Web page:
So God Made a Mother Collection ➔

On the eve of my daughter’s seventh birthday, I leaned against her doorway watching her sleep so peacefully. I roamed around my home admiring her baby photos and our little family. I blinked and my baby is growing up, and yet, the five years it took to have her felt like a decade. I remind my little girl she is a miracle when she requests a sibling. How do I explain that my body has officially retired when I couldn’t accept it myself?

I was first diagnosed with endometriosis at the age of 19 and was informed I had a one-percent chance of carrying a baby. That one percent remained submerged the first seven years my husband and I were together. In that time, we made a life for ourselves and turned our house into a home, leaving one bedroom full of hope.

I underwent my third laparoscopy after three years of trying to carry a baby full term. Six months later, I began taking fertility drugs, which in turn made me sick three weeks out of the month. After six months on the drugs and four years total of trying, we decided to take a break before attempting a new drug.

RELATED: This is Infertility

Later that year, I saw two pink lines. I had seen those lines before and suffered those losses, but this time felt different. At 13-weeks, I lost the baby.

The heartbeat, as well as the sound of the flatline, will forever be imprinted in my heart.

I had always heard stories of those couples who suffered such a loss and end up getting pregnant and wondered if that would happen to us. Five months later, two pink lines reappeared.

I don’t think I exhaled the whole nine months until my daughter was in my arms. I had a very high-risk pregnancy, but never once grumbled and happily put up my swollen ankles while I indulged in my sour cream and onion chips. The night before my induction date, I rocked in her new chair rubbing my belly. I was overwhelmed with emotion as I told my unborn child to never give up on her dreams. She was a dream of mine and I always believed.

Her room is still full of hope but also giggles, love, and stuffed animals. Our home became our sanctuary and still is. My husband and I savored every moment, taking snapshots along the way.

In the fall of 2019, I held back tears as I watched my husband pull clumps of my hair out of the shower drain. Within a month, I was weak, my muscles ached,  I was extremely fatigued, and after passing out in the closet, I went for bloodwork. My body was pushing out all my estrogen, testosterone, and progesterone.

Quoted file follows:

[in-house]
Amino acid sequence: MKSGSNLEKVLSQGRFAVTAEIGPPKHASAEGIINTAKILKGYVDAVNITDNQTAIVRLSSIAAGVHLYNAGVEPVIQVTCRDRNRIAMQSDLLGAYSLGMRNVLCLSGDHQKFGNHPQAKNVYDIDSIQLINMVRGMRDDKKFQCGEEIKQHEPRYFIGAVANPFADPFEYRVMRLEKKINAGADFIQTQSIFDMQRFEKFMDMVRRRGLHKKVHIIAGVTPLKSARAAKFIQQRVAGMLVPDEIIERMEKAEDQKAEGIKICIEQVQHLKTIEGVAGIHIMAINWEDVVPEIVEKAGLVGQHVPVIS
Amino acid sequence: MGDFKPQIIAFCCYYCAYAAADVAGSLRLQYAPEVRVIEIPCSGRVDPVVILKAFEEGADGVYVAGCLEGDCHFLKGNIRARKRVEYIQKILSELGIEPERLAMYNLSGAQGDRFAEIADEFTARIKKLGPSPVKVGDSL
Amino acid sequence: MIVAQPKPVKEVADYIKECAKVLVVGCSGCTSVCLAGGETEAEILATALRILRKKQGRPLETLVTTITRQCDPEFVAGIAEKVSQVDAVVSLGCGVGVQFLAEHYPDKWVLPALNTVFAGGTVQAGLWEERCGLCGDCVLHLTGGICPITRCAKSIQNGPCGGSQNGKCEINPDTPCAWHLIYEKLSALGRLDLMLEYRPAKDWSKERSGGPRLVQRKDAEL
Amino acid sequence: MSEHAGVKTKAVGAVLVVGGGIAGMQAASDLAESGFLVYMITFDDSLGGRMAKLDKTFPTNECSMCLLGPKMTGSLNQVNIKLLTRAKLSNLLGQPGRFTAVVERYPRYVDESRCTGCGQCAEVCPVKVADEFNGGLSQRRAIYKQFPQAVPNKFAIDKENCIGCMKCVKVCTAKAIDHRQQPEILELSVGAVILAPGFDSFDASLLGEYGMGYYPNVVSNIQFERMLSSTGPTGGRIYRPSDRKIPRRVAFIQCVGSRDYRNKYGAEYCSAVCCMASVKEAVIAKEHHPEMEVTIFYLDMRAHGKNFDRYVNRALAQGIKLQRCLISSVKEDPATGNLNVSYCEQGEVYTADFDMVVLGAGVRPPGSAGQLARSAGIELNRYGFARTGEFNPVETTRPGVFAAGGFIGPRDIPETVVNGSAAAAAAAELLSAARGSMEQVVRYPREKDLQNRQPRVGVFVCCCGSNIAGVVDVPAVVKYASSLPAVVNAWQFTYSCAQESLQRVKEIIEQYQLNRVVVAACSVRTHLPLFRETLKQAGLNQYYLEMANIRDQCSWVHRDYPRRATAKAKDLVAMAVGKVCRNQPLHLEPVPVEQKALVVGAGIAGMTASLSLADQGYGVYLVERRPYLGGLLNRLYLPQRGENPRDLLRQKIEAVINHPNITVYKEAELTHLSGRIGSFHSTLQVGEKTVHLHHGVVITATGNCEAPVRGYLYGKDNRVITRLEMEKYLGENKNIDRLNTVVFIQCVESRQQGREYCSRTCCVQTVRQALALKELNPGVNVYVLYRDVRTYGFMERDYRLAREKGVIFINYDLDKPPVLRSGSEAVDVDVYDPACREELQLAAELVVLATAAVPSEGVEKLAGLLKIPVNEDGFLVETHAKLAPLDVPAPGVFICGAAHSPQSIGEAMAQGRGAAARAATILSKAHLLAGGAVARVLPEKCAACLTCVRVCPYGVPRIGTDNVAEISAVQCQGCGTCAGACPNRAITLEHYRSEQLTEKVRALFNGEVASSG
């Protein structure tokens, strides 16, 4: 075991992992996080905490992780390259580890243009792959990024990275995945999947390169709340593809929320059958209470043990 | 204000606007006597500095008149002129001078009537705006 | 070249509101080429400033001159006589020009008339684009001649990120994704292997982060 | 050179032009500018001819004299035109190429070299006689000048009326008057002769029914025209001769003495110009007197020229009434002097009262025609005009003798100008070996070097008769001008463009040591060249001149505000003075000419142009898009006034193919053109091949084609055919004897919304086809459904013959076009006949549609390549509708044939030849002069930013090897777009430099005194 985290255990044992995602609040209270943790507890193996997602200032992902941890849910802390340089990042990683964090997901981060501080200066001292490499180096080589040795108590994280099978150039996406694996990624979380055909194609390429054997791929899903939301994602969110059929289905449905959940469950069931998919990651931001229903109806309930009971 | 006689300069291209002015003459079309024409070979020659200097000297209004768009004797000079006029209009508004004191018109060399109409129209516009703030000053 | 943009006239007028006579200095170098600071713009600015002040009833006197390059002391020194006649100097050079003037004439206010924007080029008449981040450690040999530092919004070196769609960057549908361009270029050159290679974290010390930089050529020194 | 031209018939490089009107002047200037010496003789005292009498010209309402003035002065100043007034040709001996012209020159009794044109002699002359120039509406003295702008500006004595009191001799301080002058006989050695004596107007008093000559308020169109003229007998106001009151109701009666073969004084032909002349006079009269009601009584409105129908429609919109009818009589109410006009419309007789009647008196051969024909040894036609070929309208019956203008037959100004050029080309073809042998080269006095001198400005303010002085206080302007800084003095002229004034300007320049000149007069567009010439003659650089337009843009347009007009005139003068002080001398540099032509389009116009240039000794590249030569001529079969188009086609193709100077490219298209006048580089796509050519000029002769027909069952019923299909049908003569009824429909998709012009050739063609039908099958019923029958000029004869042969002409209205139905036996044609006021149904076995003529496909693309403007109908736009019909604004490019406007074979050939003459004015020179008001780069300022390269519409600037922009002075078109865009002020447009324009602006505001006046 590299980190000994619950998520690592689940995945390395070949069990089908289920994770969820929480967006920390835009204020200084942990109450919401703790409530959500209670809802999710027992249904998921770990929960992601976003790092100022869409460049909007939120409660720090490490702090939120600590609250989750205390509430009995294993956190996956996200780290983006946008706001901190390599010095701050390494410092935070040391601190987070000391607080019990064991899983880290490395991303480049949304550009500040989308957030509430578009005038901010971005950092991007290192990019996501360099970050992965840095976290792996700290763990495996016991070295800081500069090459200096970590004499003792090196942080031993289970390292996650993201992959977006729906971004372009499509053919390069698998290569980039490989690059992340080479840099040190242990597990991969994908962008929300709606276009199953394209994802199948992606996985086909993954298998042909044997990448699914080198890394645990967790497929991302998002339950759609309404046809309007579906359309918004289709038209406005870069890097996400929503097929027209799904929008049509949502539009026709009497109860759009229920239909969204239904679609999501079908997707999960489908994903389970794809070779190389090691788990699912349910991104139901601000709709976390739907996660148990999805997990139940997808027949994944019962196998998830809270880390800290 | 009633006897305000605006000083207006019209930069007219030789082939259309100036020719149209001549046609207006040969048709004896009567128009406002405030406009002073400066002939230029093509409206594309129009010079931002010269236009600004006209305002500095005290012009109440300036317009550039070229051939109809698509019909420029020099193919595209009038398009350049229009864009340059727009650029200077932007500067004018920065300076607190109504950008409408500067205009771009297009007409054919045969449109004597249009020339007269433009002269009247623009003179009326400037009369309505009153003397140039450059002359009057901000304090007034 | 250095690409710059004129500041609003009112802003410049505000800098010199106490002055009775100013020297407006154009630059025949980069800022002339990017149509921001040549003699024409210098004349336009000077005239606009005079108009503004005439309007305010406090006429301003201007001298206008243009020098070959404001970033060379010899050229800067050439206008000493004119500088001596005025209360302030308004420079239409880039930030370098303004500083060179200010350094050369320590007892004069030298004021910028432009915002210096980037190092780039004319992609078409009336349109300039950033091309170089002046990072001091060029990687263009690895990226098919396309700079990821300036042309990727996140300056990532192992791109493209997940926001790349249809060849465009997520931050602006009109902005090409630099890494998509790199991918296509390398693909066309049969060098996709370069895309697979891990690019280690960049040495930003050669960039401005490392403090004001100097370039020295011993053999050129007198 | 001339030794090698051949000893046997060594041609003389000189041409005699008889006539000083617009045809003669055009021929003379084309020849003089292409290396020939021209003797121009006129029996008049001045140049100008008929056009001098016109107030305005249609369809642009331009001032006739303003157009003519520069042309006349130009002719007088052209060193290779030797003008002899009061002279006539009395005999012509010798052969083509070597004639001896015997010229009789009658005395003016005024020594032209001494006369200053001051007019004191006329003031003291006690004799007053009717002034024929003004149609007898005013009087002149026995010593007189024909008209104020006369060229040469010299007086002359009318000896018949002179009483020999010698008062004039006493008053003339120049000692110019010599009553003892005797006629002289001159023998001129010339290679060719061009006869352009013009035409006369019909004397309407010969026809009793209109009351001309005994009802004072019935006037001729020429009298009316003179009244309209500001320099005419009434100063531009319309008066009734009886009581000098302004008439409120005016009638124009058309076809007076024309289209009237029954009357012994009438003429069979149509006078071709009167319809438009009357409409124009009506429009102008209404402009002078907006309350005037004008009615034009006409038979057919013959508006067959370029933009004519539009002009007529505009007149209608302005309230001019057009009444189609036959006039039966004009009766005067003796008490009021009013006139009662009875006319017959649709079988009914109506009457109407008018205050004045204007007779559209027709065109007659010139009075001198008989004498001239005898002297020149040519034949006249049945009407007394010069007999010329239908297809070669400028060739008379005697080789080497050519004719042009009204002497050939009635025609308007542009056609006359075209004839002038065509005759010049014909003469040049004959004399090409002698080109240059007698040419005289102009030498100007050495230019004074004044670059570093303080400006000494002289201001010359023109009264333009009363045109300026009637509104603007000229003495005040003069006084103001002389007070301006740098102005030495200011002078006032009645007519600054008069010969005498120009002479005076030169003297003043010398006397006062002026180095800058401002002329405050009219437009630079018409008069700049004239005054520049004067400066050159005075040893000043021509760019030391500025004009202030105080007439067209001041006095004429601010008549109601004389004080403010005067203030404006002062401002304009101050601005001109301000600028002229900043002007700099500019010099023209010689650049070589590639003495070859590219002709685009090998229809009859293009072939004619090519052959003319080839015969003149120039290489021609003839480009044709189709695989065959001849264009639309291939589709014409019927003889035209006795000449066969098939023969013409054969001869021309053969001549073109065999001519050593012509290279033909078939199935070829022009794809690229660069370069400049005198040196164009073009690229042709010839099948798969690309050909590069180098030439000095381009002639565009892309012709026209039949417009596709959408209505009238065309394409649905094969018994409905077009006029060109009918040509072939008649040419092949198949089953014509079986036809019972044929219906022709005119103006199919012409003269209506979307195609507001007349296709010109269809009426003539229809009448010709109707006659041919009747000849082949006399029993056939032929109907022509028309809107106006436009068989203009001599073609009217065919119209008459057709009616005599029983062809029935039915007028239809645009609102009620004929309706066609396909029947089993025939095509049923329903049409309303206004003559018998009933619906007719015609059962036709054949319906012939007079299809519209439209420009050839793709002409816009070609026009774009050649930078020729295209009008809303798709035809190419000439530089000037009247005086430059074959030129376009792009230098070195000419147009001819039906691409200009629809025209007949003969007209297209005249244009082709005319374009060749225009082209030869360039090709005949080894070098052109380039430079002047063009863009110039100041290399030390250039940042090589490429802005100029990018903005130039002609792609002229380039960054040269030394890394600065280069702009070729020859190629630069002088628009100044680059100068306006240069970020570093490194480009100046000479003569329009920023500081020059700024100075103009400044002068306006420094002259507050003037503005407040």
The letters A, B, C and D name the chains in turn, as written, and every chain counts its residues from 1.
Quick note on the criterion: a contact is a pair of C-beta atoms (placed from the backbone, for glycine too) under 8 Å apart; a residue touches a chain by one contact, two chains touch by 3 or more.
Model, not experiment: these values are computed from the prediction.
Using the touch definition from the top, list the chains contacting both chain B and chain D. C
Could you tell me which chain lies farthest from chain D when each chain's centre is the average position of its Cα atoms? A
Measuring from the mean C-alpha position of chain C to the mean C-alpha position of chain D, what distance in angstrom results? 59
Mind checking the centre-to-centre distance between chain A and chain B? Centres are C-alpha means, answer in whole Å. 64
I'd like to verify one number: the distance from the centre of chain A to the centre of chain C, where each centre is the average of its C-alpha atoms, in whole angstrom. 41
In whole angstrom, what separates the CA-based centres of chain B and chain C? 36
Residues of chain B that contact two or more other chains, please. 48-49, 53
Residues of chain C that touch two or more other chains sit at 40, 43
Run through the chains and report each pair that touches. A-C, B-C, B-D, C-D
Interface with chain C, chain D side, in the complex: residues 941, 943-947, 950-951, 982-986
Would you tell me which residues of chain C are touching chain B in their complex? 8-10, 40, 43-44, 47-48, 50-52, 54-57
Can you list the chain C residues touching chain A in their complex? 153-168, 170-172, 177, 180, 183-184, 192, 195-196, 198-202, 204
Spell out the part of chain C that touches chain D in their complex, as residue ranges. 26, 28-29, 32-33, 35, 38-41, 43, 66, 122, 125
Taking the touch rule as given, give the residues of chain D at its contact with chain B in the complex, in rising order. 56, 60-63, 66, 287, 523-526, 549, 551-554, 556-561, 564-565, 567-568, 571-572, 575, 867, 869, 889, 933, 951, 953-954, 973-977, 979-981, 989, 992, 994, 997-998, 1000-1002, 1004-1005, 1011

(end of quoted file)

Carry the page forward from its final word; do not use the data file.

I lay in a dark room as the sonographer made her edits on the monitor gyrating over my retired ovary. My doctor encircled me with the same compassion as she has since I had my first surgery at 19.

I felt defeated for the first time.

This fall marks three years since my ovary gave up on me. It took two years for me to swallow my guilt for waiting to even contemplate trying for another baby. Why did I feel so guilty for wanting to have her all to ourselves for a few years? My husband and I were so consumed by her that we didn’t want to go through the trying phases again.

The question always arises when I meet a new mom asking if my daughter has a sibling. I dodged what felt like interrogations because it wasn’t up to me why I don’t have another baby. My body simply will not give me another chance. I felt wounded and succumbed to my sadness in silence. I felt shameful and angry at my ovary and my body.

RELATED: I’m a Mom Who Was Only Meant For One

One night, as I was brushing my daughter’s hair listening to one of her tales, I hugged her tightly and finally breathed a sigh of contentment. In 2014, against all odds, my body gave me a beautiful healthy baby girl. Why was I so greedy and needing more?

I don’t dodge the questions now and let those moms know she is my one and only.

It’s OK to be jealous of that mom I see during carpool walking with her two little boys and growing baby bump. It’s OK to be envious of my friends who didn’t even have to try to have their babies.

I had put away some of my favorite snapshots over the years in hopes of our family expanding. They are now framed and displayed in our home we have built together. Just the three of us.

Until she gets her way and we get a puppy.

Ashley Hinderman

I have been freelance writing for 20 years. I feel amazing if I can reach just one person with my writing.

Yes, We Really Are One and Done

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There’s that question again: “Will you give her a sister or brother?” They seem taken aback when I tell them I don’t plan on having another. With nervous laughter, I say, “I’m one and done,” my voice sounding meek. I scan their eyes for judgment—do they think I’m selfish and weak? Then there’s that awkward silence while they wait for me to explain why. I try to come up with a good enough reason, but I don’t want to lie. I can’t really say my birth experience was traumatic. Actually, labor left me feeling quite ecstatic. RELATED: God Chose Me...

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